How Brazil can win back investorsJuly 3, 2013: 5:00 AM ET
Investors will be waiting on the sidelines until they see that Brasilia is making a true and concerted effort to stamp out corruption and govern in a way fitting for the world's seventh-largest economy.
By Cyrus Sanati
FORTUNE -- The massive protests in Brazil may have subsided, but the unrest is far from over, as evidenced by the tear gas earlier this week outside the Brazil-Spain soccer game in Rio. The turmoil threatens to exacerbate an already tense situation for the nation's shaky financial markets. The protests, which erupted last month in response to a hike in bus fares, is undermining the Brazilian government's attempt to alleviate a potentially disastrous flight of foreign capital as investors cycle out of emerging markets.
If the government doesn't move to address the grievances of its restless and frustrated population quickly and prove to the investment community that it is still committed to responsible government spending, then the country could be setting itself up for a severe economic downturn.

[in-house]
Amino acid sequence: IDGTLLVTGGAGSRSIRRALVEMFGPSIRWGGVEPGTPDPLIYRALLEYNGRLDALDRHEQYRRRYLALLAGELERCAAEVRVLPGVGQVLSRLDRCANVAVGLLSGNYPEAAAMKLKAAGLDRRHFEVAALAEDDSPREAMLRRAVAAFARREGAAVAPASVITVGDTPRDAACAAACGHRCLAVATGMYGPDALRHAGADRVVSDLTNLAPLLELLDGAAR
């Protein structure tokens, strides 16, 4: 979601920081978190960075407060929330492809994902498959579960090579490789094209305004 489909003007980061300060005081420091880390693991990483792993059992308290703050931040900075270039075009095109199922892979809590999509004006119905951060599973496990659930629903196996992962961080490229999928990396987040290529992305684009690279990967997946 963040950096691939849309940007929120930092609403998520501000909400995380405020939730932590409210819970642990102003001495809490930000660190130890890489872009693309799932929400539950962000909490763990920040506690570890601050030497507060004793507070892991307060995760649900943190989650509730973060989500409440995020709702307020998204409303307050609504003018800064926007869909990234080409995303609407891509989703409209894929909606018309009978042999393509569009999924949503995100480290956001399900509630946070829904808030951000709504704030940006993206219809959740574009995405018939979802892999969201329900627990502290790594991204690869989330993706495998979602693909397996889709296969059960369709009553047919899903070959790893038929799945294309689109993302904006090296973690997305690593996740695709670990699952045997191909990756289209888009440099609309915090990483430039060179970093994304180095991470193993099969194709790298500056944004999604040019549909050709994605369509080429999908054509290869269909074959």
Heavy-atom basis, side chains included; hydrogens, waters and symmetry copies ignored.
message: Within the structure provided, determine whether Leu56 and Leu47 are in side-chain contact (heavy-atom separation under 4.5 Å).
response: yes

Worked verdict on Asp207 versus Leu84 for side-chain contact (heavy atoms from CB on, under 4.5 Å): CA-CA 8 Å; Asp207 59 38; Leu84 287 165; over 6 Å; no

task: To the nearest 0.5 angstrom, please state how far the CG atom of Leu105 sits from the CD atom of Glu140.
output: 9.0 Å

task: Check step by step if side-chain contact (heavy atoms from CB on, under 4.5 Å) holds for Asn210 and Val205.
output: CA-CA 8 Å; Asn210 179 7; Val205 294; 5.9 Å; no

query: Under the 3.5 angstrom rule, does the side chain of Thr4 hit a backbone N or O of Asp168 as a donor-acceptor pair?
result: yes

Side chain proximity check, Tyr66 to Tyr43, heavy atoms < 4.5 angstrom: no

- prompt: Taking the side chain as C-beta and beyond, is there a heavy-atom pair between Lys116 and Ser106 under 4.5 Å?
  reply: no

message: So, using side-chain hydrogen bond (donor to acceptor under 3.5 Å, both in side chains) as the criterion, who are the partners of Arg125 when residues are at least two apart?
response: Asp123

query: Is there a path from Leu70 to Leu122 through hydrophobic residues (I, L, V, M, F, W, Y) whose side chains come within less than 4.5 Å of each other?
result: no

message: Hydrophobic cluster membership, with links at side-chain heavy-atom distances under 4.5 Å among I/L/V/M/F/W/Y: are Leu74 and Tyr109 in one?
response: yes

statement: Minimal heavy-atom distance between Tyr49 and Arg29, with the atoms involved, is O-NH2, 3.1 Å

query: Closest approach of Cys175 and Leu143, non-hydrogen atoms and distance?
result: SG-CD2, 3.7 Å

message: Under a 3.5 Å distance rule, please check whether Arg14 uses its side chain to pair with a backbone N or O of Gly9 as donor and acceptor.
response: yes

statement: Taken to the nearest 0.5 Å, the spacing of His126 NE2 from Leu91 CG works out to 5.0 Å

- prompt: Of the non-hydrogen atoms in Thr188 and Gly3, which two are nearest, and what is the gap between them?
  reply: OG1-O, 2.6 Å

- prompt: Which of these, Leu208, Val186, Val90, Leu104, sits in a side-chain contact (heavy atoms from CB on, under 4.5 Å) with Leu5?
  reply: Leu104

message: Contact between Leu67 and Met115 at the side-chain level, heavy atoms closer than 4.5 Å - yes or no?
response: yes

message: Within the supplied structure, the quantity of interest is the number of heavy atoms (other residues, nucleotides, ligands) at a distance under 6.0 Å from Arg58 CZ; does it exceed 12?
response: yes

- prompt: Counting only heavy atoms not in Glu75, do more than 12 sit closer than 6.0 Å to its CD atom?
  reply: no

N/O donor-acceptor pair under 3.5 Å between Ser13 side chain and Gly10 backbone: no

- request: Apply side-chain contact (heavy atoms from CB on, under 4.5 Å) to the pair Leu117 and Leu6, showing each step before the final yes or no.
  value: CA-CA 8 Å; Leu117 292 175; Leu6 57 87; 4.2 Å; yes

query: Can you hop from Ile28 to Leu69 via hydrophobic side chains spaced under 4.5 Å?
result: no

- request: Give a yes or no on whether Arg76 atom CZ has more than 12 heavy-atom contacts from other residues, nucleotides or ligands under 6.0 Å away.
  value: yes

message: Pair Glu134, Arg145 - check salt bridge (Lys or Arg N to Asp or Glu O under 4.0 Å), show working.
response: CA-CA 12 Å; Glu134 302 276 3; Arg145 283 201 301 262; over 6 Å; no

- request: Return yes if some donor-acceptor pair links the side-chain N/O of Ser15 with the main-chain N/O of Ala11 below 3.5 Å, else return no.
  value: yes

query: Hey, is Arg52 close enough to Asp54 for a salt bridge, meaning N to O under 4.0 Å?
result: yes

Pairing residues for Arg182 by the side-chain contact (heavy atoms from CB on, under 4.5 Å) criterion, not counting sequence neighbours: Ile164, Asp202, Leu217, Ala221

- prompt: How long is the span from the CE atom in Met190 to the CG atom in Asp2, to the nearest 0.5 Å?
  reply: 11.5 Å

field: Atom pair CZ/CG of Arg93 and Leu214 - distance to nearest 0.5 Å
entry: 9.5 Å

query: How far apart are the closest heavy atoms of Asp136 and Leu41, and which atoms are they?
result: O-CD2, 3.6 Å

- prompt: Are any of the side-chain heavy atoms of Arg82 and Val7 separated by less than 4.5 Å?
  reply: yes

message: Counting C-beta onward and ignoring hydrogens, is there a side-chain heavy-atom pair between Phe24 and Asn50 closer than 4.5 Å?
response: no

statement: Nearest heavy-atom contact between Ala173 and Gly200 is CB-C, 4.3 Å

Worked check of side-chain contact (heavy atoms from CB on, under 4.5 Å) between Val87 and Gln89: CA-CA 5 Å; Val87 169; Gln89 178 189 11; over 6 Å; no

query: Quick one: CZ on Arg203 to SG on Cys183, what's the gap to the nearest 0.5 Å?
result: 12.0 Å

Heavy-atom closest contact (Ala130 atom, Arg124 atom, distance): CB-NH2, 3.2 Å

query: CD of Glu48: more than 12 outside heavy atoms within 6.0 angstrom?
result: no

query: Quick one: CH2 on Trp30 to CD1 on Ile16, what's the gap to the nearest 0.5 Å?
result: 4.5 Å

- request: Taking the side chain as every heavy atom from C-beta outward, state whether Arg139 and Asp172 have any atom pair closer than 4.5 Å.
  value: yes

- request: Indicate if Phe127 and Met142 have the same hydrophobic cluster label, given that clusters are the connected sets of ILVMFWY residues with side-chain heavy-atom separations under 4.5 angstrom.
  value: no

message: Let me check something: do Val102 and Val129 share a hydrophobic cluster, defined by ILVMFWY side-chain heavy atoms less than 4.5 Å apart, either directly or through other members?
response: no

Brazilians rarely like to rock the boat. They have lived through dictatorships, corrupt governments and wild economic swings without much popular dissent. Indeed, this was, after all, the last western nation to ban slavery -- and it didn't come about because of a mass popular uprising, it just happened because it was time.
But Brazil has changed dramatically in the last few years. Brazilians, now numbering nearly 200 million, are richer and more educated than at any time in the nation's short history. An amazing 20% of the population, around 40 million people, have been lifted out of poverty in the past decade. At the same time, enrollment in higher education has doubled and the nation's literacy rates among youths now tops 97%.
These are all good things for investors to hear. A richer and more educated population usually leads to a healthy uptick in spending within the country on a variety of services and assets. This creates an upward spiral in economic growth where investors are able to reap healthy returns across a variety of markets.